Since the reopening of its borders, Australia’s overseas visitor numbers have decreased, with several significant markets, notably China, remaining absent due to COVID-19 limitations, inflation, and geopolitical concerns. According to Australian Bureau of Statistics statistics from June, outgoing passengers are expanding at over three times the pace of inbound travelers, as Australians continue to flee overseas.
Despite this, a slew of new hotels continues to grow up along the east coast, many of which were built with the expectation of 1.3 million Chinese incoming visitors, a figure that has now reduced to almost nil. Now, a strong domestic market is ensuring that hotels not only survive but grow throughout this pandemic.
The hotel industry in Australia has boomed in recent years, with several projects that were approved before the pandemic. W Sydney and Ritz-Carlton Melbourne are two notable complexes that have encountered construction setbacks and delays. According to Jones Lang LaSalle Incorporated (JLL) statistics, Melbourne is leading the way with over 2500 new rooms under development, followed by Sydney (1639 rooms) and Brisbane (1386 rooms).
Interest in development is also not decreasing. According to Peter Harper, JLL’s head of investment sales Australasia, despite market volatility, transaction activity has remained high in 2022, headed by the $530 million sale of the Hilton Sydney.
“The biggest issues facing hotel investors right now are the increasing cost of debt and considerable labor shortages. The decline in Chinese tourism isn’t featuring in conversations,” says Harper.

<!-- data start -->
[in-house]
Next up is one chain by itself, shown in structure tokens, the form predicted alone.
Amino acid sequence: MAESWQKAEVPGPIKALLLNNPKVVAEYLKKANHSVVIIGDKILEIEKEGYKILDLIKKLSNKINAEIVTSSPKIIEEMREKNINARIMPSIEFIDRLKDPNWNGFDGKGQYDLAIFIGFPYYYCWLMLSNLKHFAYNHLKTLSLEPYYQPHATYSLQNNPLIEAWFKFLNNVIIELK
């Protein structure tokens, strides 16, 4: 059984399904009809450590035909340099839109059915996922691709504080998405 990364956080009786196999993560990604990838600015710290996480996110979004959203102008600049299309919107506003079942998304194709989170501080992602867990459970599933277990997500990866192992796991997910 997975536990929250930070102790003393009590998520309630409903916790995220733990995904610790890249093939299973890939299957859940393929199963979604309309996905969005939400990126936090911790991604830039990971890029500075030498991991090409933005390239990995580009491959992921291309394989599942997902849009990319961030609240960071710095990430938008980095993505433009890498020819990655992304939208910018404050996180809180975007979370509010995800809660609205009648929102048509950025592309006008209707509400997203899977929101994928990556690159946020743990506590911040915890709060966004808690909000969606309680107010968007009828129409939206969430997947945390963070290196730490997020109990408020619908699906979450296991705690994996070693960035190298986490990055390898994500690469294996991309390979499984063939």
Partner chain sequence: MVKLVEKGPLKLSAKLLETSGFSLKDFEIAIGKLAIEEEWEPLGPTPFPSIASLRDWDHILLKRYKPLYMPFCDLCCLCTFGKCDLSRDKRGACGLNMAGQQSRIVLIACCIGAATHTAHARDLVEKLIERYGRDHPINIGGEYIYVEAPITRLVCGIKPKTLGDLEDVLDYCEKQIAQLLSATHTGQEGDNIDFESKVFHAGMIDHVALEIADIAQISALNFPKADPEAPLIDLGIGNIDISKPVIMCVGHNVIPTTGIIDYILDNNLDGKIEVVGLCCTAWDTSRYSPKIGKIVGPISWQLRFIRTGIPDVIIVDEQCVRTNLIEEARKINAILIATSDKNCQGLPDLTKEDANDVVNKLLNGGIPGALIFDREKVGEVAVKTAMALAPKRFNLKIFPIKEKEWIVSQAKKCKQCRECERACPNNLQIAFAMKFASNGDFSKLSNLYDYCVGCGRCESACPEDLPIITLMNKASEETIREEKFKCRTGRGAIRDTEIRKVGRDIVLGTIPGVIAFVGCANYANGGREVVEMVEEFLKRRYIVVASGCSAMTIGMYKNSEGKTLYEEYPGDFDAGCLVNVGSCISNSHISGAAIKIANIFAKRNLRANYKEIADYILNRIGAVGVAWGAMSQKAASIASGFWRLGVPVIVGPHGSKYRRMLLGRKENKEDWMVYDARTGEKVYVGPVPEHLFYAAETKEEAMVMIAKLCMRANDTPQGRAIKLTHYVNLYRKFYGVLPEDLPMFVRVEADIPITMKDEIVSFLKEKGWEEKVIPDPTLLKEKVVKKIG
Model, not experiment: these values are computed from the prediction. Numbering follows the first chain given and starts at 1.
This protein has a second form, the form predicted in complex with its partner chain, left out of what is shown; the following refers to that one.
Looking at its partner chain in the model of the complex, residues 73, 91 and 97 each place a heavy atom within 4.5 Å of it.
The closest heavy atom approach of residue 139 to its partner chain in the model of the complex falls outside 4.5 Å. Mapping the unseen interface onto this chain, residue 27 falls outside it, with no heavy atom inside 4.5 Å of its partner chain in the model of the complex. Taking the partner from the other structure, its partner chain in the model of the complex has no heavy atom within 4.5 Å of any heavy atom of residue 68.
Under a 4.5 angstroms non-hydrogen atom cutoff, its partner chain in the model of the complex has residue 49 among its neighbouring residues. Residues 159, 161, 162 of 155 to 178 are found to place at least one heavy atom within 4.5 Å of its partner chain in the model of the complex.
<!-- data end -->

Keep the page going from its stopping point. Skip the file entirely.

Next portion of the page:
Of course, the lack of inbound visitors isn’t doing Australians’ holiday budgets any favors, as data reveals domestic travelers are paying for these financial headwinds.
According to Tourism Accommodation Australia CEO Michael Johnson, the loss of the China market is a “blow to our sector,” and room rates are unlikely to fall anytime soon as long as Australians are ready to pay more.
The tourist industry is now concentrating its efforts on expanding into new areas, with India, Australia’s fastest-growing market for visitor expenditure in 2019, at the top of the priority list. Qantas is spearheading aviation initiatives, with intentions to operate a Sydney-Bengaluru route on September 14, 2022, as well as a new codeshare collaboration with IndiGo. In other news, Australia and India have initiated talks on a free trade agreement to promote tourism between the two countries.
Can hoteliers, however, anticipate a Chinese tourist rebound? The Chinese government has restricted all “non-essential travel” as part of a zero-COVID campaign to eradicate the virus.
James Laurenceson, director of the Australia-China Relations Institute, University of Technology Sydney, noted: “Chinese opinion polling conducted last year, even amidst worsening geopolitical tensions, showed that overall, the desire to travel to Australia for tourism purposes remained strong.”